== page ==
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John Ford Feature #9 – The Searchers (1956)

SearchersPoster-BillGoldThe Searchers (1956)
Directed by: John Ford
Written by: Frank S. Nugent (based on The Searchers by Alan Le May)
Starring: John Wayne, Jeffrey Hunter, Vera Miles, Ward Bond, Natalie Wood, Harry Carey Jr.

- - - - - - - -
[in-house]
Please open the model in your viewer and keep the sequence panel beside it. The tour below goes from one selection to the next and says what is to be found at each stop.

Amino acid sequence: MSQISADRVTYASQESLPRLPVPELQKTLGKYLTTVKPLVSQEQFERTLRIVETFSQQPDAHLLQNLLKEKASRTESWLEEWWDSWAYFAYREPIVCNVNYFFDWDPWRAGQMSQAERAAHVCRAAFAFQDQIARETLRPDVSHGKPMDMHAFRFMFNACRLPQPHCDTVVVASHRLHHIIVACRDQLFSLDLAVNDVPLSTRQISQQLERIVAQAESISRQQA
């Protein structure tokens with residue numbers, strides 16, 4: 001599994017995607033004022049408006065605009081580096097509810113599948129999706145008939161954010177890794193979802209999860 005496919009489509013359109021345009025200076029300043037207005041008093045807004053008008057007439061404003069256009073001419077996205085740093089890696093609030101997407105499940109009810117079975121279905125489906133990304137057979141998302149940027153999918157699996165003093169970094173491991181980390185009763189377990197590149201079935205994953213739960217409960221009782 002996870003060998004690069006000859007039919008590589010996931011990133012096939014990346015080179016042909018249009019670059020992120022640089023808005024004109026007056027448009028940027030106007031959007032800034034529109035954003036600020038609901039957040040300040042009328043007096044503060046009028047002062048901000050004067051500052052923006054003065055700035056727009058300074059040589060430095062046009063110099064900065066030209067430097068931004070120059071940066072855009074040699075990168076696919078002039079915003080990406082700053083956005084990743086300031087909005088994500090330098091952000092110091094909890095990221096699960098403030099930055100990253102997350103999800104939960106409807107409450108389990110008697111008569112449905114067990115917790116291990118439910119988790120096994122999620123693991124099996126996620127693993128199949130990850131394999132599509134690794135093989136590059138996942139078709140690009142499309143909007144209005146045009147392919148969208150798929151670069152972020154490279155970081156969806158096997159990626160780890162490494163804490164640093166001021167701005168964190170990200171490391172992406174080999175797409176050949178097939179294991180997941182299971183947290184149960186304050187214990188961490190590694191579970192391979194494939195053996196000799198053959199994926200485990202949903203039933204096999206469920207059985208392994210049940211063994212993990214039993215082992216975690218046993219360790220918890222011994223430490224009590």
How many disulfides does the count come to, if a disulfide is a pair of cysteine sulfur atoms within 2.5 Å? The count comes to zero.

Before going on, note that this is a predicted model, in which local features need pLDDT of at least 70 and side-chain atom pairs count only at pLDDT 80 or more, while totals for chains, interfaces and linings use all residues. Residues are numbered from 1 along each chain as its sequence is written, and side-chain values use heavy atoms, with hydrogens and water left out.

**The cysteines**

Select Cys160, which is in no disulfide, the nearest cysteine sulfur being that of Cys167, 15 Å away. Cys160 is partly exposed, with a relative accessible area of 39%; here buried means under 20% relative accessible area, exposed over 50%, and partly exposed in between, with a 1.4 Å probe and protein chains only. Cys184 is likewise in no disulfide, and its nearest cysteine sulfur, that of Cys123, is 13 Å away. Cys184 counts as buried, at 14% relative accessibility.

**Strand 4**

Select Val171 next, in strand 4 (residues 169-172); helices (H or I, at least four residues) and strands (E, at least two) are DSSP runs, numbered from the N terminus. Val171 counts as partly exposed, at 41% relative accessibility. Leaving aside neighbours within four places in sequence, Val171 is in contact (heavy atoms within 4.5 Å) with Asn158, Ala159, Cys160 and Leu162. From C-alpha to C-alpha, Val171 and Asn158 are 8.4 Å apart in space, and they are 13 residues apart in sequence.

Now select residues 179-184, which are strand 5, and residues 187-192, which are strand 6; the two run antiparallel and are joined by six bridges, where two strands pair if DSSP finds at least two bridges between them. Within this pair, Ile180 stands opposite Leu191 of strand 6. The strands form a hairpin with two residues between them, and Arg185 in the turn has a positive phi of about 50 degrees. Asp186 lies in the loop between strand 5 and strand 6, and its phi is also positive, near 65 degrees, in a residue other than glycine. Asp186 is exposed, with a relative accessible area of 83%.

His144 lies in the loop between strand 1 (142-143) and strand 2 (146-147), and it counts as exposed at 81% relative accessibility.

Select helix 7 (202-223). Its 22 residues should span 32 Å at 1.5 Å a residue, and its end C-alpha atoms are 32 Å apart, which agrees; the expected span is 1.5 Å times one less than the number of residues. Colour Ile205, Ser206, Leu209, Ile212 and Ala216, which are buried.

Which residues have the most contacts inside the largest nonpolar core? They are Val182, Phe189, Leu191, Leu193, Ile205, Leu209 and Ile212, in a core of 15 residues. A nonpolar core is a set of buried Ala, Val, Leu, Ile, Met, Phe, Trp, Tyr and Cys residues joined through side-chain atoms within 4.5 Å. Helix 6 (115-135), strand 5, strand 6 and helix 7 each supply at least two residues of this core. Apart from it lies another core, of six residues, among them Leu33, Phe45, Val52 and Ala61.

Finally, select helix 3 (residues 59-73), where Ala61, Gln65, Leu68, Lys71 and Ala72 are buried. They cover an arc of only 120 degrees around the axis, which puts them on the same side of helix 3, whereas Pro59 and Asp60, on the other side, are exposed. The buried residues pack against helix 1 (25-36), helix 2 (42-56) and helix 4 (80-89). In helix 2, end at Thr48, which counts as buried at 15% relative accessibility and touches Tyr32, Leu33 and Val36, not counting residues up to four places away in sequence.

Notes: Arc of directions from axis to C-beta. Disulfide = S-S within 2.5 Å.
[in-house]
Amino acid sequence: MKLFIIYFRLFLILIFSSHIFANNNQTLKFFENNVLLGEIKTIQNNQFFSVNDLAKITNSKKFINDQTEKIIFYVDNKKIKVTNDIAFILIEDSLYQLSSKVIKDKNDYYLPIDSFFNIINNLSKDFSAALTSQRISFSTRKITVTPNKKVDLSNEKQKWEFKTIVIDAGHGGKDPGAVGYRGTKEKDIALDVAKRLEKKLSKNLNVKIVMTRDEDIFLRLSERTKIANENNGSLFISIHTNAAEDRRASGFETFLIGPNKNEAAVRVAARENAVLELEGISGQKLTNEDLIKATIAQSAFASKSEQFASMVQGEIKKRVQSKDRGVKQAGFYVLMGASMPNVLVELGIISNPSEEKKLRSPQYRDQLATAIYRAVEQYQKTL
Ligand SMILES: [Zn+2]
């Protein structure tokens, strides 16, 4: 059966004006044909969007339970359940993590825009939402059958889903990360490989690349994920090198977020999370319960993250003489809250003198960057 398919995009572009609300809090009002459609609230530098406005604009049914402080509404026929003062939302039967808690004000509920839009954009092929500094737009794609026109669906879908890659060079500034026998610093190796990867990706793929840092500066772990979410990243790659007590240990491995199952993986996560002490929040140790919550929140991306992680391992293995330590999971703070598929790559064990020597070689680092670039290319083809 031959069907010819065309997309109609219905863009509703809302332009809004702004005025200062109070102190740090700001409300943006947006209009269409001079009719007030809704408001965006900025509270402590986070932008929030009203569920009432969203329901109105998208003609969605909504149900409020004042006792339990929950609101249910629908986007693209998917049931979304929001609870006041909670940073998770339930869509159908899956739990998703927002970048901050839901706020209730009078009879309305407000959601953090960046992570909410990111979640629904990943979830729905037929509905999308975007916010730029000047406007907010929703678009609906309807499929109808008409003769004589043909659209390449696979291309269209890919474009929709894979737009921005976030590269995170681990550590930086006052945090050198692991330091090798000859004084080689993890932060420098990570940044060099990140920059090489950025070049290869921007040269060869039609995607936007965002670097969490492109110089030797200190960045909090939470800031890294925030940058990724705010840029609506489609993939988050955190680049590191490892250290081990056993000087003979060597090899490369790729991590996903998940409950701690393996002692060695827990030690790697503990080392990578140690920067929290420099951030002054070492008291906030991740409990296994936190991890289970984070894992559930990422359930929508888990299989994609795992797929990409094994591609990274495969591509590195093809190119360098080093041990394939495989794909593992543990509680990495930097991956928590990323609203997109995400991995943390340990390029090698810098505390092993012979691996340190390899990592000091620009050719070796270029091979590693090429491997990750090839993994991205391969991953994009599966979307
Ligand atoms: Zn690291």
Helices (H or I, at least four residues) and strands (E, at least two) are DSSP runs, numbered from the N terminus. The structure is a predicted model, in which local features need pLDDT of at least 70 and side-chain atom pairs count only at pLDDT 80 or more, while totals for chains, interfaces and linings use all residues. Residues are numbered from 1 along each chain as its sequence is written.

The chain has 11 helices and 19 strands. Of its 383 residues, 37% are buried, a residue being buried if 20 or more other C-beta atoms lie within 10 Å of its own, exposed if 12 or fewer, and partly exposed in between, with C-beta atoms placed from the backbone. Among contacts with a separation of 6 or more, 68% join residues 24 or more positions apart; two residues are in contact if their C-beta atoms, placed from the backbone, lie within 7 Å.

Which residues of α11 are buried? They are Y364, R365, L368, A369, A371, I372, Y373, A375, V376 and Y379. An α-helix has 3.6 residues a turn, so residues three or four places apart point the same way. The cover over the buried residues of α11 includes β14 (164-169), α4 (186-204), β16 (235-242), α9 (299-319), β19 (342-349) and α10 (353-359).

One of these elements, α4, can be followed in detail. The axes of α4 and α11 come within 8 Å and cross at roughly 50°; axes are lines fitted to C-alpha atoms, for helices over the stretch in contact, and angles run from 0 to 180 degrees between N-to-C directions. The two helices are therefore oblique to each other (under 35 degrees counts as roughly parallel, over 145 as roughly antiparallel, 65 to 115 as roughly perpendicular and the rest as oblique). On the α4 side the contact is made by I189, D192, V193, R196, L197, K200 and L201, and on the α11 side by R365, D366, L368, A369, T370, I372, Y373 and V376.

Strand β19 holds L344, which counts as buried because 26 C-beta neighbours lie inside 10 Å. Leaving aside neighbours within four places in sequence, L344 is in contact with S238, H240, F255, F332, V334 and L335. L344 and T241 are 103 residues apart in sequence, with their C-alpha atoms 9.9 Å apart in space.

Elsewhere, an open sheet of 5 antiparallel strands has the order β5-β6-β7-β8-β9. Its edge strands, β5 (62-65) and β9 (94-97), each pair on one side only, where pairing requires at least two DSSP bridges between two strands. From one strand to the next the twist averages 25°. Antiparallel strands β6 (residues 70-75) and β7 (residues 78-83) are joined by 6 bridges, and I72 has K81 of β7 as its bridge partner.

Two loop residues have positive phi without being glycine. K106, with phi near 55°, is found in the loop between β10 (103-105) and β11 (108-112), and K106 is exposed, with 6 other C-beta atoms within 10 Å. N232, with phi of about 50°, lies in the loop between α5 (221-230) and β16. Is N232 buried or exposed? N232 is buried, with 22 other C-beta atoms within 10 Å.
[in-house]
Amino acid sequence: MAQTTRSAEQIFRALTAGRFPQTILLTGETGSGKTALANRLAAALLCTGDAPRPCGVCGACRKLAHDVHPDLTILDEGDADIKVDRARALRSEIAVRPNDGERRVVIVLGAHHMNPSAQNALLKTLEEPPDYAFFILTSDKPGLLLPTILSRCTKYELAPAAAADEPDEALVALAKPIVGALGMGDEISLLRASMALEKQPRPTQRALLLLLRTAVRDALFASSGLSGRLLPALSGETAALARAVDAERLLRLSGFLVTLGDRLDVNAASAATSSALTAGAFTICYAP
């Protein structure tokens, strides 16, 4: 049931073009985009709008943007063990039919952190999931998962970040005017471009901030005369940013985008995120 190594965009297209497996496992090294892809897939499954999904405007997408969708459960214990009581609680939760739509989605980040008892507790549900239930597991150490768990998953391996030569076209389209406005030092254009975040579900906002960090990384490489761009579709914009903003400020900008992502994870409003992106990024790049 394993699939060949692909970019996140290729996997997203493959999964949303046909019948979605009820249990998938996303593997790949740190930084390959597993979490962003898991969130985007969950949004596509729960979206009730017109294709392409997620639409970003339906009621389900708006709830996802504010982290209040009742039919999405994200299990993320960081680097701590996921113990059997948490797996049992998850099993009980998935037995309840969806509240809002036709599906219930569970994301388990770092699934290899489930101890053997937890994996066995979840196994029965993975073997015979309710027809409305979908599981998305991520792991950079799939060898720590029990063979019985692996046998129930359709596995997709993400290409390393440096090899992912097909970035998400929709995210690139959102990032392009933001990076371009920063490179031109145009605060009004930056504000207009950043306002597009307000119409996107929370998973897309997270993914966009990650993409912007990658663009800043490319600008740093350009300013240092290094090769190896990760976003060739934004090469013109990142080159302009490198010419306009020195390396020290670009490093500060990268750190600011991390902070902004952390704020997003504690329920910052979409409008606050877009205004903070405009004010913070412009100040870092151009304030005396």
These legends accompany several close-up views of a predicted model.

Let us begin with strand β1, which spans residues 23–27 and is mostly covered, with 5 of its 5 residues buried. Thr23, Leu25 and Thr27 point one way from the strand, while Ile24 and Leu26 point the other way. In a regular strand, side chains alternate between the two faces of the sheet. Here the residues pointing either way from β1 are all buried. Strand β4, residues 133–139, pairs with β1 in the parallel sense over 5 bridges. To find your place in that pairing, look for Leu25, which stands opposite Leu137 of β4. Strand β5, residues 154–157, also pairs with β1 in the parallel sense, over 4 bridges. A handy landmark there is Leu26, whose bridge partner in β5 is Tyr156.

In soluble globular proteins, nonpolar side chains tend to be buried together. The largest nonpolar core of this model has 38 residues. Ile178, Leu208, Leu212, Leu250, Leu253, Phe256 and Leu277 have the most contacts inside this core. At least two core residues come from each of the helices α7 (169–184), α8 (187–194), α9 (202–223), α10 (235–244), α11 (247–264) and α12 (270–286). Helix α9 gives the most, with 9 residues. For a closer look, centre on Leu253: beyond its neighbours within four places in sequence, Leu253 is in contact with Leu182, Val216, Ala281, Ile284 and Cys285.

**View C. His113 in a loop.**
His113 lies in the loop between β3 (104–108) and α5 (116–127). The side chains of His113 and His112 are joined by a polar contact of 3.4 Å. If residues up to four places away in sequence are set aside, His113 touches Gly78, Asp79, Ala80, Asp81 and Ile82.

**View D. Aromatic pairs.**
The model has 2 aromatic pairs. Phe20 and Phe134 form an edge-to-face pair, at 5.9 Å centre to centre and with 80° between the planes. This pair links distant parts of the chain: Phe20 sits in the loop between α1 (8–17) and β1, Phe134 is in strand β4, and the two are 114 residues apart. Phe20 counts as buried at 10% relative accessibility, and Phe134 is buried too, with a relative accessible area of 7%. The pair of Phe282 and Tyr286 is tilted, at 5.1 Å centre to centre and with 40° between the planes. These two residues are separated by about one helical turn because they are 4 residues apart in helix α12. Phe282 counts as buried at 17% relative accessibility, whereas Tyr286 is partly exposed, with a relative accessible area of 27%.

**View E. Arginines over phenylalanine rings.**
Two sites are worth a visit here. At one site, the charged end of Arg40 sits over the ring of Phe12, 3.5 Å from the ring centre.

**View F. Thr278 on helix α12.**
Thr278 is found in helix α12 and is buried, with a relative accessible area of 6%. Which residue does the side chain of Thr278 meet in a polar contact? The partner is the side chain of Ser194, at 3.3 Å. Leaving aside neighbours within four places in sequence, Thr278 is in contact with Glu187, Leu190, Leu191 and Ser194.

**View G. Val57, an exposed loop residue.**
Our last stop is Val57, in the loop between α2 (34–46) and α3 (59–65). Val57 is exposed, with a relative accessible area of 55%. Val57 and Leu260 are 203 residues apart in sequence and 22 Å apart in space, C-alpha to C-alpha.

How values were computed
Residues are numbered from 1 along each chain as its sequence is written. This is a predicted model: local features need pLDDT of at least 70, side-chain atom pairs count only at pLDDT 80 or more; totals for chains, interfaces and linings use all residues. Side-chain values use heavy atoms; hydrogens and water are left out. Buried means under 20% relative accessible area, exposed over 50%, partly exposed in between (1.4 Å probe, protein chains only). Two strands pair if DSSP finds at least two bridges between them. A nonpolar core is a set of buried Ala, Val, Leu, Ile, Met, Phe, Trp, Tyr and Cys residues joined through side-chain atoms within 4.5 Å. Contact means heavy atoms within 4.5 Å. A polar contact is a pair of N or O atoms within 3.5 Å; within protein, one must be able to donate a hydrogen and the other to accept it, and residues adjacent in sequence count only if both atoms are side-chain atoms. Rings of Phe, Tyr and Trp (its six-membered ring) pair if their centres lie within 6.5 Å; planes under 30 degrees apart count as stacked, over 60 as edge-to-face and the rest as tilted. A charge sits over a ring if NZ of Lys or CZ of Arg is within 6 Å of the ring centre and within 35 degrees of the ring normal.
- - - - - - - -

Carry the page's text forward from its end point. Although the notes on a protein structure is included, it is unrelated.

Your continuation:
John Ford is considered one of the great trailblazers in the early days of film, one who paved the way for early sound films to go on to become what they have today.  His influence is so indescribably far-reaching that his work still fascinates audiences, critics, and filmmakers and is continually studied by young and old alike.  The Searchers is perhaps considered to be his greatest film, and in a career full of truly remarkable films, that’s saying a great deal.  Though his 1956 classic earned no Oscar nominations that year, it is widely considered to be one of the greatest American pictures ever made, and has earned just about every retrospective accolade that historians can throw at it.  The Searchers is truly epic in its scope, taking place over a number of years and featuring terrific set pieces, breathtaking cinematography, and one of the most engaging performances ever given by a man who was once considered to be a bad actor.  Ford’s masterpiece would prove to be one of his final “traditional” westerns, and is considered to be the pinnacle of the director’s collaborations with actor John Wayne.  It wouldn’t be a great film without its fair share of controversies, and this film features them in spades.  The Searchers is most notable for its interpretation and examination of the racist attitudes towards Native Americans by early Americans.  Ford’s film depicts Native people as being ruthless and bloodthirsty, not because of any prejudice held against them by the filmmakers, but in order to justify the brutal actions of its main characters in the final act of the film.  Despite some of these dated and controversial themes and features, the film has more than endured the test of time and is even more poignant for its brutal examination of tough ideas and themes.  It has influenced and paid homage by great film directors like David Lean, Sam Peckinpah, Steven Spielberg, George Lucas, and Martin Scorsese.  The Searchers stars the great John Wayne as Ethan Edwards, who is considered to be one of the most compelling characters in a film of its time.  Also featured are Natalie Wood as Debbie Edwards, Jeffrey Hunter as Martin Pawley, Vera Miles as Laurie Jorgenson, and regular John Ford Stock Company regulars Ward Bond as Rev. Capt. Samuel Clayton and Harry Carey Jr. as Brad Jorgenson.